I liked her because she was such a complex character and it really made me think about how we’re all complicated, but she could still be there, to some extent, for Dale, even though there was so much going on for her with her struggles with her eating disorder. I was grateful he had that.
I could really imagine this being discussed in a classroom because I do think it’s an interesting angle to look at it. When we think about sexual violence, we think about the impact on women, and this explores the impact on the wider community and on teenage boys and men as well. Do you hope it will get picked up and discussed in schools?
I don’t think that I ever thought that was likely. I’m aware there is a lot of content in the novel that is a little, for some people… Depending on how you think about YA and what your perspective is on the function of literature. I’ve never really thought about it.
Ah, that interests me because I read that you teach creative writing and you’re doing a PhD in the area of YA fiction and you’ve just published your first YA novel. I guess I just assumed that when you teach writing, that when you’re writing it, you’re imagining how it could be analysed and critiqued in a classroom setting.
I don’t think I could write anything if I thought at all about a real person reading it! I really do try to think “that’s none of my business”. That’s my approach. Yeah, I think these conversations are a bit different when you’re talking about YA vs not YA, and I teach undergraduates.
You are doing your PhD in this area, and you’ve written a YA book. What is it about YA that you find interesting?
There are so many debates in the academic context about YA and so much of it is about ideology and this idea, implicit or otherwise, that texts are fundamentally educative tools, which I don’t necessarily agree with. I think my interest in YA is an interest in the life stage of adolescence. And as much as people like to say that YA is not a genre, I kind of think it is. I don’t think you see adolescent characters who stay adolescent throughout the period of narration anywhere except in YA, rather than an adult recounting their adolescence in a coming-of-age novel. Except maybe in some genre fiction. I’m interested in adolescent characters and I’m interested in the stories we tell ourselves about adolescence, but I’m less focused academically and personally and in my writing, on the readership of adolescents as real young people, if that makes sense.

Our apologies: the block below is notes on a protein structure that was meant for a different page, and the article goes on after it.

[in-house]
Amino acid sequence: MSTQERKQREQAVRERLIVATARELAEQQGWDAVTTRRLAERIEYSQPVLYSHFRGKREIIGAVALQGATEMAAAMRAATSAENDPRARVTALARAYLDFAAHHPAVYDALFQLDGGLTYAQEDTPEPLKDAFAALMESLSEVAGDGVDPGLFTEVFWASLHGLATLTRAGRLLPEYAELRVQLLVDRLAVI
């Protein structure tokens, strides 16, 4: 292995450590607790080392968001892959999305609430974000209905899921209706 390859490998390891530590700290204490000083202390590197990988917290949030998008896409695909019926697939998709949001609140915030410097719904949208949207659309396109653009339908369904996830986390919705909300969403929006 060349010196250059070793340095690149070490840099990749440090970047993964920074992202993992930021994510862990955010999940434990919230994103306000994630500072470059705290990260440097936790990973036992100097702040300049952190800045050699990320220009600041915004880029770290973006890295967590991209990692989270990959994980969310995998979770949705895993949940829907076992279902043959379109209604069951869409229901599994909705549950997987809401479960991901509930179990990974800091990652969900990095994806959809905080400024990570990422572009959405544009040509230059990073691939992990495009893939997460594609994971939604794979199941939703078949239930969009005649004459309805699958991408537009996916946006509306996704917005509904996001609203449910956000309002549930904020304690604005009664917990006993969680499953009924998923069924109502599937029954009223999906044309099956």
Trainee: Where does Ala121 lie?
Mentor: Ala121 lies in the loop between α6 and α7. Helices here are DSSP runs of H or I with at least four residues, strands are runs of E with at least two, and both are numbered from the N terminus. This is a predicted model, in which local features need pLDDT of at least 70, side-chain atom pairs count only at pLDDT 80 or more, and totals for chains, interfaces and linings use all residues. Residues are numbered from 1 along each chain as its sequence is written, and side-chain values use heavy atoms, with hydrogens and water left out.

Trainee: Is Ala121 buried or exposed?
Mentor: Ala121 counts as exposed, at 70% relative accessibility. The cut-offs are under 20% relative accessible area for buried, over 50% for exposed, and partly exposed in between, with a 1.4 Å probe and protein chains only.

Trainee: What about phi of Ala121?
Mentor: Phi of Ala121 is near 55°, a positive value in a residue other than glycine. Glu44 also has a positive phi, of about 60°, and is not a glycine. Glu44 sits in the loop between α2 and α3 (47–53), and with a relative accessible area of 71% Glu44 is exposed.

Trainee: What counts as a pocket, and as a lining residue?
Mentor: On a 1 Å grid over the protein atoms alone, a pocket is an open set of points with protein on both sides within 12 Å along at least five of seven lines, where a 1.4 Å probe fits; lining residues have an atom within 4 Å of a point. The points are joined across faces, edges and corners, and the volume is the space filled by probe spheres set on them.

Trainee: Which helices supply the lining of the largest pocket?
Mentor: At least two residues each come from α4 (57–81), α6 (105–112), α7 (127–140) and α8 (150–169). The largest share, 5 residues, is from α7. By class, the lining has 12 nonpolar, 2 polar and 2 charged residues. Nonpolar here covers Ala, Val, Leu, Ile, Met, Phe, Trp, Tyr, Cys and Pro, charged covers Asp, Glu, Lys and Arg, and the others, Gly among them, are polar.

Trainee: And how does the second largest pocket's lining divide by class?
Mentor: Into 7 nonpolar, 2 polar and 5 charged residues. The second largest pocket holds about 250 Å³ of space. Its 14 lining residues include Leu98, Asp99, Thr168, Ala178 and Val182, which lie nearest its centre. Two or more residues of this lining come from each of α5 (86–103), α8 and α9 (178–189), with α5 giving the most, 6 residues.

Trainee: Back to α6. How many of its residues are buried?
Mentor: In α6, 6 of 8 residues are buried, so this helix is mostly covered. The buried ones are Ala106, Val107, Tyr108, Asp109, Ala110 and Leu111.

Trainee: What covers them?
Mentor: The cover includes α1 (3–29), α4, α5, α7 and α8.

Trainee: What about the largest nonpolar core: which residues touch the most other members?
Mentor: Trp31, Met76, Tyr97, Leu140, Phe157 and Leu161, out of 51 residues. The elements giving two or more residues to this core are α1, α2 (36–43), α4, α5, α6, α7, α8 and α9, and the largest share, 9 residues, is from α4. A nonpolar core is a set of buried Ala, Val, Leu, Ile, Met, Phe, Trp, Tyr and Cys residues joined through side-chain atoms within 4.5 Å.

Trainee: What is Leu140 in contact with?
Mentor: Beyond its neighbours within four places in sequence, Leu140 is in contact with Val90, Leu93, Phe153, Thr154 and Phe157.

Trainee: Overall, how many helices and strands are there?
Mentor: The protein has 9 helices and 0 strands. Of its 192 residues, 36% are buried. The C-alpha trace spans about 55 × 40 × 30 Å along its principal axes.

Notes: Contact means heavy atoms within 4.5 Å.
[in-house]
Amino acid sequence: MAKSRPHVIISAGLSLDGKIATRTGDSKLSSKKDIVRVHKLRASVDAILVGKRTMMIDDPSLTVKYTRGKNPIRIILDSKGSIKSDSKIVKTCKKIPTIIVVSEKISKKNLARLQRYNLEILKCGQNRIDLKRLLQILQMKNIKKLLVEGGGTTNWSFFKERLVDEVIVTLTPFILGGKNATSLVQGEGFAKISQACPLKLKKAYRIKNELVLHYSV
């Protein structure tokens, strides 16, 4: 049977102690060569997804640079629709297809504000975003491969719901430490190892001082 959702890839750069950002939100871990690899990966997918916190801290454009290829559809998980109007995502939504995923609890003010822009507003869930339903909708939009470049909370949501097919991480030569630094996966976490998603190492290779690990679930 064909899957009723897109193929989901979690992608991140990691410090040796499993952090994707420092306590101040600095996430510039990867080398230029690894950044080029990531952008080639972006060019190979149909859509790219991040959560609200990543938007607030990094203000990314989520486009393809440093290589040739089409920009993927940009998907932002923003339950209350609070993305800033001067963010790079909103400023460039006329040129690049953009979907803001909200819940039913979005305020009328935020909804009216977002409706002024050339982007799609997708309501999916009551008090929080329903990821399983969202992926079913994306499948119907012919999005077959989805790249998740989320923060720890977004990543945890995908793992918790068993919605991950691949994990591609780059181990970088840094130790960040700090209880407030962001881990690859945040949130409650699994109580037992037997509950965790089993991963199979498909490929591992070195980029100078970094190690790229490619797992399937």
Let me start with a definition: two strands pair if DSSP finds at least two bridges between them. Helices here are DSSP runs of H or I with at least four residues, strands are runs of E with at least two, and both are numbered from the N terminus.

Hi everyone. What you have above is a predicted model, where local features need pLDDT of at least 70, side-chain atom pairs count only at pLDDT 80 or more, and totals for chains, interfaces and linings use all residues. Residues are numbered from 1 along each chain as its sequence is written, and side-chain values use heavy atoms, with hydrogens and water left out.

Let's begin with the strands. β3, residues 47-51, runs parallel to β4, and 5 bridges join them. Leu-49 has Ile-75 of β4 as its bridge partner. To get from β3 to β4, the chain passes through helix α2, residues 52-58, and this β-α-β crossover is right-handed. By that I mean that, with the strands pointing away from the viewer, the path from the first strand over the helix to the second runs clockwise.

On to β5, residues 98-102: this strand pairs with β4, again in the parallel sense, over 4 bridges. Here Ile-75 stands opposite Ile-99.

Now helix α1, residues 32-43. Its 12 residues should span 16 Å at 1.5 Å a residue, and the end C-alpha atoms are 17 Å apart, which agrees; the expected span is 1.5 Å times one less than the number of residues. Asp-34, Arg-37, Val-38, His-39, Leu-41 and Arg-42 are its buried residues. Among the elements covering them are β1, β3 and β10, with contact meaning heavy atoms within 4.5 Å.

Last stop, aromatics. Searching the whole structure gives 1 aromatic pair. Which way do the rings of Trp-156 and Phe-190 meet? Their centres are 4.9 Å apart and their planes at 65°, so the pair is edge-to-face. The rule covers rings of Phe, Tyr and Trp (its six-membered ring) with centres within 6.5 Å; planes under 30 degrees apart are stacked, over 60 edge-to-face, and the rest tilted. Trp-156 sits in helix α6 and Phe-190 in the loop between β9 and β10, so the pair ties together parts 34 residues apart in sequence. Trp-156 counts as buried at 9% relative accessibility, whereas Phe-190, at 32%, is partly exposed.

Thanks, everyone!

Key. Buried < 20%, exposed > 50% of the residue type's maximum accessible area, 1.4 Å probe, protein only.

I’m fascinated at the idea that YA is not a genre and that’s such a prevalent topic in academia!
Some people have really strong feelings that it shouldn’t be discussed as a genre because it has genres within it. I think in realist YA there’s a set of narrative conventions and style conventions and that’s how you define genre, so I think it’s a genre, personally.
When you said that it’s taken 10 years to write this book, how did the book evolve since you started it 10 years ago? You must be a different person than you were when you started it.
I’m definitely a different person than I was when I started it! I didn’t work on it for 10 years – I’m not nearly disciplined for that. I finished a full draft within 2 years and then I put it in a drawer. I think the main question for me was whether it was publishable and I did have second thoughts about whether it was a story worth telling, regarding the point of view. I put it in a drawer, I worked on other things, I started my PhD, which despite being about YA is completely unrelated to this novel. I didn’t come back to it until the lockdowns. There was still something there for me. I think I always felt very connected to the characters so then I re-wrote it and I think the main things that changed were the handling of the way Dale is situated in relation to other people and the signal event of the novel.
That’s interesting to hear that you had second thoughts and put it away, because of course, it got shortlisted for the Text Prize. What impact did that have on you?
I got to the point that I thought it was as good as I could make this story. I always knew that if I was going to pursue publication, I would want to pursue the Text Prize. That gave me a deadline to work towards with the re-write. And yeah, that’s how it got published. It was Text – they were like, you haven’t won, but we like it.
Congratulations! It’s a phenomenal thing to be published and to be shortlisted. I really loved Blind Spot and would recommend people go out and pick up a copy. It’s incredibly thought-provoking. Ireally want to shove it in people’s hands because I want to have conversations about it!